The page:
Calling with a landline vs a cell phone with a different quality
- A landline won’t run out of batteries
- Landline calls are of higher quality.
- Landlines are not cheap.
- Landline phones are permanent.
- You will save money on your cell phone bills.
- A cell phone has better mobility.
- Cellphone calling is organized.
- It is more personalized
- Access to the internet is easier.
- mobile phones have better customer service for businesses.
- Use this to easily record your conversation for future reference.
- More accessibility with a cell phone plan
- Better speed of calling
- mobile phones are convenient for conference calls.
VoIP can replace landlines
The VoIP system is not only less expensive. It also provides better services than a traditional landline. Wired phones aren’t dead yet, but they are on their way out. That’s good news for businesses.
Over 80% of all US landline business calls are under 10 minutes, and half of those are less than one minute. So even if you are paying $50 a month for a local number, you aren’t getting much.
Indeed, with VoIP, there is really no reason why you need a local number at all. There are now VoIP providers that put you in the middle of a city, and people outside that city still dial a local number to reach you. Plus, with VoIP, you can make international calls cheaply.
Are there any security concerns involved?
The security of the landline is predicated on the security of the phone company. If a landline phone company were to get attacked, its phone lines would be immediately compromised. If a landline phone were to get hacked, the hacker could do a lot of things.
Consider the convenience factor
The convenience of landlines is fading. For a while, the landline seemed like a nice idea: it was simple, reliable, and didn’t cost much. But over the years, they’ve become less attractive. The Internet has made many things more convenient,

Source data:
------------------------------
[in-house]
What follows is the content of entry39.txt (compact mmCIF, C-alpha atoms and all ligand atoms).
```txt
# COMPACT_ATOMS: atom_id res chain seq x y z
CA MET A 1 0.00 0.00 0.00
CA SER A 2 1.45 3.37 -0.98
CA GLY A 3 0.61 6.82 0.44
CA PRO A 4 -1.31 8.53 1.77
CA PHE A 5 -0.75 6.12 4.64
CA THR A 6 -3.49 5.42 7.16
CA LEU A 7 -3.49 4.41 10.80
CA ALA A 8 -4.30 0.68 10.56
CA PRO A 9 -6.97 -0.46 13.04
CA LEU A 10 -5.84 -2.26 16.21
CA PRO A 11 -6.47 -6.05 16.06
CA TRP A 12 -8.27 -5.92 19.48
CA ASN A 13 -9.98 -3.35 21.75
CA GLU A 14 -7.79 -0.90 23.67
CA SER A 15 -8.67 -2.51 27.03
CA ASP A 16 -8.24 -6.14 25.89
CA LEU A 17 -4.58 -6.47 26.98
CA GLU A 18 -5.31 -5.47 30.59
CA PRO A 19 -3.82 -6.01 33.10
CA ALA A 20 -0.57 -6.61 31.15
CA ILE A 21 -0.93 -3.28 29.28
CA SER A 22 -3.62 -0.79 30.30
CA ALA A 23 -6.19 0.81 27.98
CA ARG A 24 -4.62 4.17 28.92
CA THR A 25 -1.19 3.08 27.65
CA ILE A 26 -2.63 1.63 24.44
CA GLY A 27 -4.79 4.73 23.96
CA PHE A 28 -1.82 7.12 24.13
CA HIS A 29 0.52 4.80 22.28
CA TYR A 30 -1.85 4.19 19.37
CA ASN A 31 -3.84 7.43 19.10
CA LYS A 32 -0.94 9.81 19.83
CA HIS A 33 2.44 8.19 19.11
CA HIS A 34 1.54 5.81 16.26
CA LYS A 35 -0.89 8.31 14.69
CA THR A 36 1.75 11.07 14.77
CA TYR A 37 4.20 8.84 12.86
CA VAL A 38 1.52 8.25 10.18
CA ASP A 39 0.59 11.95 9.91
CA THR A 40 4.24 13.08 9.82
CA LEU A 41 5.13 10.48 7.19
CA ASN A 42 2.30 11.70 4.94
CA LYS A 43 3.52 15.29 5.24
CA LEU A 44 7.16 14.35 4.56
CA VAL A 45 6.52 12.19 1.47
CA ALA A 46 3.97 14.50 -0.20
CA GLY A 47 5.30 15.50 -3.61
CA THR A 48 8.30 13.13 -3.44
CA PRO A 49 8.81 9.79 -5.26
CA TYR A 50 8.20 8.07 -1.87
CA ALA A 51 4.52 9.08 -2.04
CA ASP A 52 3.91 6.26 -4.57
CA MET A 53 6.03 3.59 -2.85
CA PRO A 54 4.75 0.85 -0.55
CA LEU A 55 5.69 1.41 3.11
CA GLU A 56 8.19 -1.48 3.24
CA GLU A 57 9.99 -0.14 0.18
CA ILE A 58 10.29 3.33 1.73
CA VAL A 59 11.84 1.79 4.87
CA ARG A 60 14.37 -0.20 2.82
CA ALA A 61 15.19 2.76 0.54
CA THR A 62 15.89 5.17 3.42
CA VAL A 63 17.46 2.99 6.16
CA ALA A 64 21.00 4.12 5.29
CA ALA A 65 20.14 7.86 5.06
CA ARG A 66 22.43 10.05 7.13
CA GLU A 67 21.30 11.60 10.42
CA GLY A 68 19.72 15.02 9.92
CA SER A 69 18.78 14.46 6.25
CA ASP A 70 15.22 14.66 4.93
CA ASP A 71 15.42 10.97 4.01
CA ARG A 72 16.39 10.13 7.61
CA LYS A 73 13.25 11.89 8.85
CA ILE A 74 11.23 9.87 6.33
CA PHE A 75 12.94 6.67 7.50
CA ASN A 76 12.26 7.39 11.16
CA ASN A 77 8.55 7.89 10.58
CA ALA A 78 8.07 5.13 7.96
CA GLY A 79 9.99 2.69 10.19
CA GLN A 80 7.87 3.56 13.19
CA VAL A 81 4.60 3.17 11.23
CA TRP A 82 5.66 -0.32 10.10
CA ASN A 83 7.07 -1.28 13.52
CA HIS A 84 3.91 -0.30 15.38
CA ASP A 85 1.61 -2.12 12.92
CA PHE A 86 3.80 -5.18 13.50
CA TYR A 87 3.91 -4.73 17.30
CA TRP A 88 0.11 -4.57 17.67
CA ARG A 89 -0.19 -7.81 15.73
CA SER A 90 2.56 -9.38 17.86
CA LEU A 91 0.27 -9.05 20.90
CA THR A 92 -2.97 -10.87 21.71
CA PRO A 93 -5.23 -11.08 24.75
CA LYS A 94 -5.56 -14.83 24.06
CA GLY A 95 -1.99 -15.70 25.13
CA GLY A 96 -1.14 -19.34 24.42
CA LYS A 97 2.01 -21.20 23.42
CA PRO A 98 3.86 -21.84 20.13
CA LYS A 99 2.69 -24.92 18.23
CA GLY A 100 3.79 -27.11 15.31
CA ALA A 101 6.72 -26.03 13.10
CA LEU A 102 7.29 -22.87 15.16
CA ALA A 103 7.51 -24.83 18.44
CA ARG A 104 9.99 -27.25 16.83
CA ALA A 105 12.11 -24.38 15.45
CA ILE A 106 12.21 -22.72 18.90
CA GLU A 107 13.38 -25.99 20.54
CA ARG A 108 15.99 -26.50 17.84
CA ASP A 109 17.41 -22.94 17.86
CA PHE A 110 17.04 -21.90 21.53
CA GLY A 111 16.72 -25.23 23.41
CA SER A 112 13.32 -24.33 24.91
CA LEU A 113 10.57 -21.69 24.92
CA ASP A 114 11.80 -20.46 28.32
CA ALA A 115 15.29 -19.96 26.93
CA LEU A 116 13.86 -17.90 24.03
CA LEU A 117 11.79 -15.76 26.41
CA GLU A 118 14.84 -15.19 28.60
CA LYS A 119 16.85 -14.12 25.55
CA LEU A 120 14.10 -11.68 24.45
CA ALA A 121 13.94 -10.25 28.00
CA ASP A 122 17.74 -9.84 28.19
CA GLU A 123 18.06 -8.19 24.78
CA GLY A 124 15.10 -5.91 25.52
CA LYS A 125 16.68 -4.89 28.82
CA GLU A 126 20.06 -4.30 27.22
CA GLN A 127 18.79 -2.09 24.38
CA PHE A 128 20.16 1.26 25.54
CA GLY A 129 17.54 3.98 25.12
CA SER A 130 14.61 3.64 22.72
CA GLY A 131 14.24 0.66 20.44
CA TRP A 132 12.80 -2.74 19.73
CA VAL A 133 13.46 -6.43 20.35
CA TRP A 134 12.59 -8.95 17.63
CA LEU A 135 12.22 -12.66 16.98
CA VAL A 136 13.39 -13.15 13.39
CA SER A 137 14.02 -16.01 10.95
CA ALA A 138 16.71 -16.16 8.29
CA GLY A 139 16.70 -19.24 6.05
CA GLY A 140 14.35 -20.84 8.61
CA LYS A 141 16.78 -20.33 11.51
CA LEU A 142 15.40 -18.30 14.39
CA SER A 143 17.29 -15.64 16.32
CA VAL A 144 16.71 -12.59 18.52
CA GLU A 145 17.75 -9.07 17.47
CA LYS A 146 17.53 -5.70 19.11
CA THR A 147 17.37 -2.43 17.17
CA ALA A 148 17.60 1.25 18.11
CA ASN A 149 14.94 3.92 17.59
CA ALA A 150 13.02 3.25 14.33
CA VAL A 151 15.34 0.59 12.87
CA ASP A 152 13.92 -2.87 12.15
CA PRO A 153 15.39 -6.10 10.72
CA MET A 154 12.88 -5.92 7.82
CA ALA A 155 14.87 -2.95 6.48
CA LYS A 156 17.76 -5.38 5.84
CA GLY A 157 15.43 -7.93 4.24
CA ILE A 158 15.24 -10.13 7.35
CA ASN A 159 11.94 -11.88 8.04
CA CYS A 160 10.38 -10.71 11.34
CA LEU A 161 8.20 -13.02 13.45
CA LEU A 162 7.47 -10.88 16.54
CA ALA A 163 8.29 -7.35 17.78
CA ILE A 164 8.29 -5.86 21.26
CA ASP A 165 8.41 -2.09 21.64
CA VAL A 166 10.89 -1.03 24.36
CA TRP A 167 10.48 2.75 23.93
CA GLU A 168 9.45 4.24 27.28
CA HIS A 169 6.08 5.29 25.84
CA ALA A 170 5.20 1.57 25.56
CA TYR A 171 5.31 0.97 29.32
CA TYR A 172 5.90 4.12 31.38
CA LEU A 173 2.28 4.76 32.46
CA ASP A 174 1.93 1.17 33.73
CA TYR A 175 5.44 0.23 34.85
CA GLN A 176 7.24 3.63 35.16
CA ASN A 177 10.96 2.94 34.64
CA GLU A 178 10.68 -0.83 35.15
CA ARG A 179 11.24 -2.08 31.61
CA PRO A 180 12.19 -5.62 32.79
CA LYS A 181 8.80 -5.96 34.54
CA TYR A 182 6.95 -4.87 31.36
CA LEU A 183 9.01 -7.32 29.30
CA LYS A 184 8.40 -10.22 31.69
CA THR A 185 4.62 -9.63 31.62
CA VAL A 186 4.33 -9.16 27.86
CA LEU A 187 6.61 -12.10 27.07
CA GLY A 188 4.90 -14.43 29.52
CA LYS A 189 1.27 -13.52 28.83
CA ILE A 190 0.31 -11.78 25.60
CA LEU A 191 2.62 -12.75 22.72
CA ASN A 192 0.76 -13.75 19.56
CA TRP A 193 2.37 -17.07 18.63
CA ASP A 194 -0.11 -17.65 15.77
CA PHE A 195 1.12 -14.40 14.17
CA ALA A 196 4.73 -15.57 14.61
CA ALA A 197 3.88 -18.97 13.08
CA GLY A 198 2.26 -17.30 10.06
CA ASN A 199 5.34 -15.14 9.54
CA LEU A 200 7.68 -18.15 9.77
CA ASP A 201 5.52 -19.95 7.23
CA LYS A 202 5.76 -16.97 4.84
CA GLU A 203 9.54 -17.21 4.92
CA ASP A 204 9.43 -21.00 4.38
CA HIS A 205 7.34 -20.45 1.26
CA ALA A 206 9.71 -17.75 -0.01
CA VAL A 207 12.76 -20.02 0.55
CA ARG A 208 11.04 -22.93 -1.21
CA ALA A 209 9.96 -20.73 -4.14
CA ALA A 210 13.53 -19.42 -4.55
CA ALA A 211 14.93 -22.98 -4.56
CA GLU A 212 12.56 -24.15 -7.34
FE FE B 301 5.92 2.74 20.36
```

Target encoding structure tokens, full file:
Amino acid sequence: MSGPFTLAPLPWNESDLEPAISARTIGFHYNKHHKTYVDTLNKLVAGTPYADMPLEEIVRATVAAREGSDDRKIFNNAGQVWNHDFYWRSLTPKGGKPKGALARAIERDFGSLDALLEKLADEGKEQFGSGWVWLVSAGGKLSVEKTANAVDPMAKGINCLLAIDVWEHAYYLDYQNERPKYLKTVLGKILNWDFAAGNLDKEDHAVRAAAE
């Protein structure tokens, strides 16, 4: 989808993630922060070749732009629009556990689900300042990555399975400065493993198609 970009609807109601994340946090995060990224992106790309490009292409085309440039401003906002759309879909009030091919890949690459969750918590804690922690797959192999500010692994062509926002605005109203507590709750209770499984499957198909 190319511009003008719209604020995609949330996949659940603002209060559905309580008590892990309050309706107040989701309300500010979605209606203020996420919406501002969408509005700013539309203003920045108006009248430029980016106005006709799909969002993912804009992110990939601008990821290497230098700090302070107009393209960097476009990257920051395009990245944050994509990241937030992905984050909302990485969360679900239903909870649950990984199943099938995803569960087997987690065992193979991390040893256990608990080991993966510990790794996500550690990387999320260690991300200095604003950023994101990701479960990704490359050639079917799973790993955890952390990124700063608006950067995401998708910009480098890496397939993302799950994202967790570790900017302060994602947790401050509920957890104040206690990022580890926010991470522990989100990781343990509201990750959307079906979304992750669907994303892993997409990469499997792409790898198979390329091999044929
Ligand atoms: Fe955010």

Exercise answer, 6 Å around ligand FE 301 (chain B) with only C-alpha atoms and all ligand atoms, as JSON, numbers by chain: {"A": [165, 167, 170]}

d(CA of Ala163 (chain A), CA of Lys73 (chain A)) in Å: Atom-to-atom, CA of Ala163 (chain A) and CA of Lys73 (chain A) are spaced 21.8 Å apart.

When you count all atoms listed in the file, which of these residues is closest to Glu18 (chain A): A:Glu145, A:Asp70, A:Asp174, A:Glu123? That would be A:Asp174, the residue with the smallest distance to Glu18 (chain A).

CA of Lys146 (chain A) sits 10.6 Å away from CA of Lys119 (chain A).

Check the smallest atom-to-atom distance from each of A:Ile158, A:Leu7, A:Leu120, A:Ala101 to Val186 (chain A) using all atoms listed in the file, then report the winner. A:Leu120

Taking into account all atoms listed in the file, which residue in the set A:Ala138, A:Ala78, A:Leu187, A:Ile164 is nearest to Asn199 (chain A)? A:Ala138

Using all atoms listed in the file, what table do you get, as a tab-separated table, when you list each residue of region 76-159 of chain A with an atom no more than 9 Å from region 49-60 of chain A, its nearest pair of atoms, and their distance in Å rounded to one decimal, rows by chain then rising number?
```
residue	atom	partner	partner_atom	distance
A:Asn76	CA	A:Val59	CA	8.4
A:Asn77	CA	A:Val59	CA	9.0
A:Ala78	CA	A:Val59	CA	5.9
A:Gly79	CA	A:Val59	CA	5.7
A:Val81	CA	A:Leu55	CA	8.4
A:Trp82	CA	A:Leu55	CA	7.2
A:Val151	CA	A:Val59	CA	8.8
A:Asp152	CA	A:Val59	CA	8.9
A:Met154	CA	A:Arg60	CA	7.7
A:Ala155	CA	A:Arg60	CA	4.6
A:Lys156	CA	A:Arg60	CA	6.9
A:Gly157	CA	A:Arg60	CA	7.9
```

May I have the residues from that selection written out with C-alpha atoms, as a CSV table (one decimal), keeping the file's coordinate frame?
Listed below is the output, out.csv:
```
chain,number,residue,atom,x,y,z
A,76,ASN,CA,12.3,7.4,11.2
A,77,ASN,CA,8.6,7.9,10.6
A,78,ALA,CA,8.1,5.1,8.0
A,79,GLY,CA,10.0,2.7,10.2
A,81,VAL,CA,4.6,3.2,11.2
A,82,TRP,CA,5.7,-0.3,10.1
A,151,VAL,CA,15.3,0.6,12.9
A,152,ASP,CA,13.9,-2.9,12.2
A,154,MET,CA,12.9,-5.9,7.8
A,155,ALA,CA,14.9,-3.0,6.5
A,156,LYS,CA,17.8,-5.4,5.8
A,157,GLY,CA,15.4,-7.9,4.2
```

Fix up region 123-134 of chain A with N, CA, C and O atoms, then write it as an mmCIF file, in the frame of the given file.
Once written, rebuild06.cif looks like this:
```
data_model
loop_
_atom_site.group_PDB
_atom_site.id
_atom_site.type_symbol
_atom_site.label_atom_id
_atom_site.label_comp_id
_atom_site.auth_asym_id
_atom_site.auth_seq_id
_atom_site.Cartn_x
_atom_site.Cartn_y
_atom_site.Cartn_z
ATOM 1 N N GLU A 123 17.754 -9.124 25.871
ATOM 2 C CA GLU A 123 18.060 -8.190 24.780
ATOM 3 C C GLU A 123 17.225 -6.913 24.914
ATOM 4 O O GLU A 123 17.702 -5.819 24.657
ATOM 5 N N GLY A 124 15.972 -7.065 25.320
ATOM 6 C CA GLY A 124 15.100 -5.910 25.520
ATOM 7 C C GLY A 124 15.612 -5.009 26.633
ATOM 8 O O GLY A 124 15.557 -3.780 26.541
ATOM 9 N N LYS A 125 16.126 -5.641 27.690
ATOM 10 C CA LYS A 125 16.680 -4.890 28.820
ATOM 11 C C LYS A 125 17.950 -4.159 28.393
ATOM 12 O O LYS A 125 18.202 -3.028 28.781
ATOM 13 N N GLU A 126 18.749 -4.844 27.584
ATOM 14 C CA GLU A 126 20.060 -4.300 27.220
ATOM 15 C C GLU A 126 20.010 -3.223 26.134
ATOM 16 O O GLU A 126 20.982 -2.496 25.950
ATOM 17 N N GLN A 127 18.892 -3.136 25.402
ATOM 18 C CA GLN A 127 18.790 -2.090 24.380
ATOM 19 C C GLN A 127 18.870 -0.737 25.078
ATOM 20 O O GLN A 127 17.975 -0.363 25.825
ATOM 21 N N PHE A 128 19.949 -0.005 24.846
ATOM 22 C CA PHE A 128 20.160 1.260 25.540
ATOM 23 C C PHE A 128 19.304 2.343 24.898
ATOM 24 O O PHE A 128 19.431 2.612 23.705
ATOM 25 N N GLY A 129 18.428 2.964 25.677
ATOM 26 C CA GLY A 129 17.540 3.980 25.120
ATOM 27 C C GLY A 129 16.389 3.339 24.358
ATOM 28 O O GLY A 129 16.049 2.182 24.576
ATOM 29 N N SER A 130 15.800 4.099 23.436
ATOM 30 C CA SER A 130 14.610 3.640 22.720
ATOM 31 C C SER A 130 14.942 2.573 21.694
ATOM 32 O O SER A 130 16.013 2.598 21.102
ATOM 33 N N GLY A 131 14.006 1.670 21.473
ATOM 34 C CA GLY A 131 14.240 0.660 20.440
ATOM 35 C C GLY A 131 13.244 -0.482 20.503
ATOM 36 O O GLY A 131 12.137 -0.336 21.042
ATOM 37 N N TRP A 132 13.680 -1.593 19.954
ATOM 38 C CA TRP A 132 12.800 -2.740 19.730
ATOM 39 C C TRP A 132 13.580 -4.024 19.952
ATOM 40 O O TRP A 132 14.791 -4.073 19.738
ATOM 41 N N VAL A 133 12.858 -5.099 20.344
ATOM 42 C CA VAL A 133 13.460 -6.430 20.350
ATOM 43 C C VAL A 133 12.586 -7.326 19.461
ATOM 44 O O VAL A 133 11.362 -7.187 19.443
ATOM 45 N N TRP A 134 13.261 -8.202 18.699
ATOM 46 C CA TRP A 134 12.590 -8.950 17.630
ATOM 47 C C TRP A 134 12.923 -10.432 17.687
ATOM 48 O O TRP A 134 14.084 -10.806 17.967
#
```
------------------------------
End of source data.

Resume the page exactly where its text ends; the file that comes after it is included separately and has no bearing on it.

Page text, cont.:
Today, it’s easier. Most new phone systems are “SIP,” or “Session Initiation Protocol,” which means that they are plugged into the Internet. You buy a phone and plug it into the Internet. Then your phone company takes care of the rest. There used to be a big difference between wired and wireless phones: wireless phones were not connected to anything and were expensive. But now most phones are SIP.
The Change in Business Communications
The Internet has enabled the decentralization of communications and knowledge, and that trend is continuing. In large part, that’s because the technology has been so good. But it’s also because business is adapting to it.
It is revolutionizing business communications. A business of any size can communicate instantly with people anywhere in the world. The telephone has been a superb business communication tool too. It is a workhorse, but it’s getting old.
Long-distance phone calls are expensive, and most people use mobile phones for everything else. Companies that own landlines use them for internal communications, but that’s diminishing.
Upgrade to better features
The basic problem with landline phones is that they don’t come with features. For all the things a landline can do, it doesn’t do very many of them well. And for all the things a landline can’t do, a VoIP solution can do.
The result is that VoIP is cheaper and better, on a per-call basis than either landlines or mobile phones. If you want to use your phone for business, you probably need a business phone system. For most people, that means a landline. But landlines used to be either too expensive or too complicated for most businesses.
If your business has a storefront, you probably also want to have a PBX—a private branch exchange—that routes call to and fro the phone system. And if you have a storefront and an office, you probably want a PBX too. That way, you can have different numbers for your storefront and your office.
In my view, the best way to resist the pull of technology is to be tech-neutral. Let business decide. Every company is different. Some businesses (such as brick-and-mortar bookstores) seem doomed to failure because technology is eating their lunch.
Others (such as mail-order houses) have proved that they can change with the times. Then there are those in-between, the ones where cheap computers and networks are influencing every decision.
Technology does not just change business. It changes people. It is why some people can’t work without a computer. But for others, technology is a crutch.